Looking at the US as a whole we can see that there are incredibly high search volumes for identity theft queries in every state, with the majority of the biggest searchers concentrated in the Northeast states.
Vermont comes in the top with 10,320 searches for identity theft queries for every 10,000 people living there. According to a recent study by SafeWise, 78% of Vermonters feel safe in their state - beating the national average by 42%. In second place is the District of Columbia (10.237/10,000), which saw a 28% increase in crime between 2021 and 2022, so it’s not surprising that residents are searching more for ways to protect themselves. In third place is Colorado (10,166/10,000), followed by New Jersey (10,162/10,000) and New York (10,161/10,000).
The states which have Googled identity theft the least are South Dakota and Mississippi both coming in at 10,065 searches per 10,000 people. In the SafeWise study, it was reported that South Dakota’s level of concern around crime was 30% lower than the rest of the country, despite having a relatively high crime rate - which could explain why there is little search interest in these terms. Mississippi has the third highest murder rate in the US so residents may be more concerned with violent crime compared to internet crime.
We wanted to get more information about the best ways to protect ourselves online, so we spoke to James Walker, CEO of Rightly, an independent consumer data action service committed to championing consumer rights and helping people police, control and manage the personal data held by organizations and he offered some tips on the best ways to protect yourself from identity theft online:
Veriff is a global online identity verification company that enables organisations to build trust with their customers through intelligent, accurate, and automated online identity verification. Our technology helps to match a person with their government-issued ID. Knowing the identity of your customers and users helps to protect users and children in the metaverse.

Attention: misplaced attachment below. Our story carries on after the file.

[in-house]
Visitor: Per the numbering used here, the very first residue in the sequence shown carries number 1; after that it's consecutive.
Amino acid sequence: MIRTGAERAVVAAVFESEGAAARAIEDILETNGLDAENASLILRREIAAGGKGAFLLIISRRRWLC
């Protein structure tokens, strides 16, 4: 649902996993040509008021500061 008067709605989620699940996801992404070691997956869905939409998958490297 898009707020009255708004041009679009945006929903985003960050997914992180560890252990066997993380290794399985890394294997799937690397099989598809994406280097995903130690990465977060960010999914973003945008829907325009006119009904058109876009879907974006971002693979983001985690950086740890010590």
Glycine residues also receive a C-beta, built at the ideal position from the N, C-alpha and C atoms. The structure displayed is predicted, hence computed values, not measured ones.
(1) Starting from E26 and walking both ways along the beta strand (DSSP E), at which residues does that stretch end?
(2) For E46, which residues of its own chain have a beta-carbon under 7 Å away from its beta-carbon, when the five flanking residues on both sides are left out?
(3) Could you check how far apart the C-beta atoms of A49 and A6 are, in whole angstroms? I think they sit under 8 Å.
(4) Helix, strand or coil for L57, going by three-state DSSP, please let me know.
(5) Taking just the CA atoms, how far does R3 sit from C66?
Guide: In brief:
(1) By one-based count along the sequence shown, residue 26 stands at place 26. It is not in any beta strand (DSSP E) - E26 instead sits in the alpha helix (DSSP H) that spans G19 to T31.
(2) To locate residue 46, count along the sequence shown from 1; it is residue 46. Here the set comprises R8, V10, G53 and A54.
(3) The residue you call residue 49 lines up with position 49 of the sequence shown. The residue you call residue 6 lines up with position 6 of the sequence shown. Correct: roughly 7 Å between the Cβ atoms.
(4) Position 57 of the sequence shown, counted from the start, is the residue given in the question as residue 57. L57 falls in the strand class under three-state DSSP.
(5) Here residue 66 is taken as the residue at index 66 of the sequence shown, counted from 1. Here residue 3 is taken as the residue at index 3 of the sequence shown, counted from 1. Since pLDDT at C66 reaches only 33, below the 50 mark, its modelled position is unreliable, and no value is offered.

We curated a seed list of the most common identity theft scams and queries by looking at a number of news articles and by using Google Trends Explore and ahrefs keywords explorer.
Next, we found the search volume for each of these scams using Google Keyword Planner in the US and we looked at which states were Googling identity theft queries the most, between May 2021 and April 2022.
We then spoke to an online safety expert to reveal simple changes we can make to protect ourselves from some of these scams.
EDD in banking involves gathering information in order to verify the identity of customers and calculate the exact level of money laundering risk each customer poses. During the EDD process, the customer is asked for a much greater amount of information than they are during the CDD process, as this information can be used to mitigate the risks involved.
When carrying out due diligence, a financial institution must determine whether they should perform customer due diligence (CDD) or enhanced due diligence (EDD). This is because FATF guidance suggests that companies should adopt a risk-based approach to due diligence that reflects the specific level of risk that each individual customer presents.
Synthetic fraud is incredibly dangerous and is a major problem facing the financial sector. Unlike third-party fraud, where an entire identity is stolen and used to defraud enterprises and victims, synthetic fraud frequently has no specific consumer victim.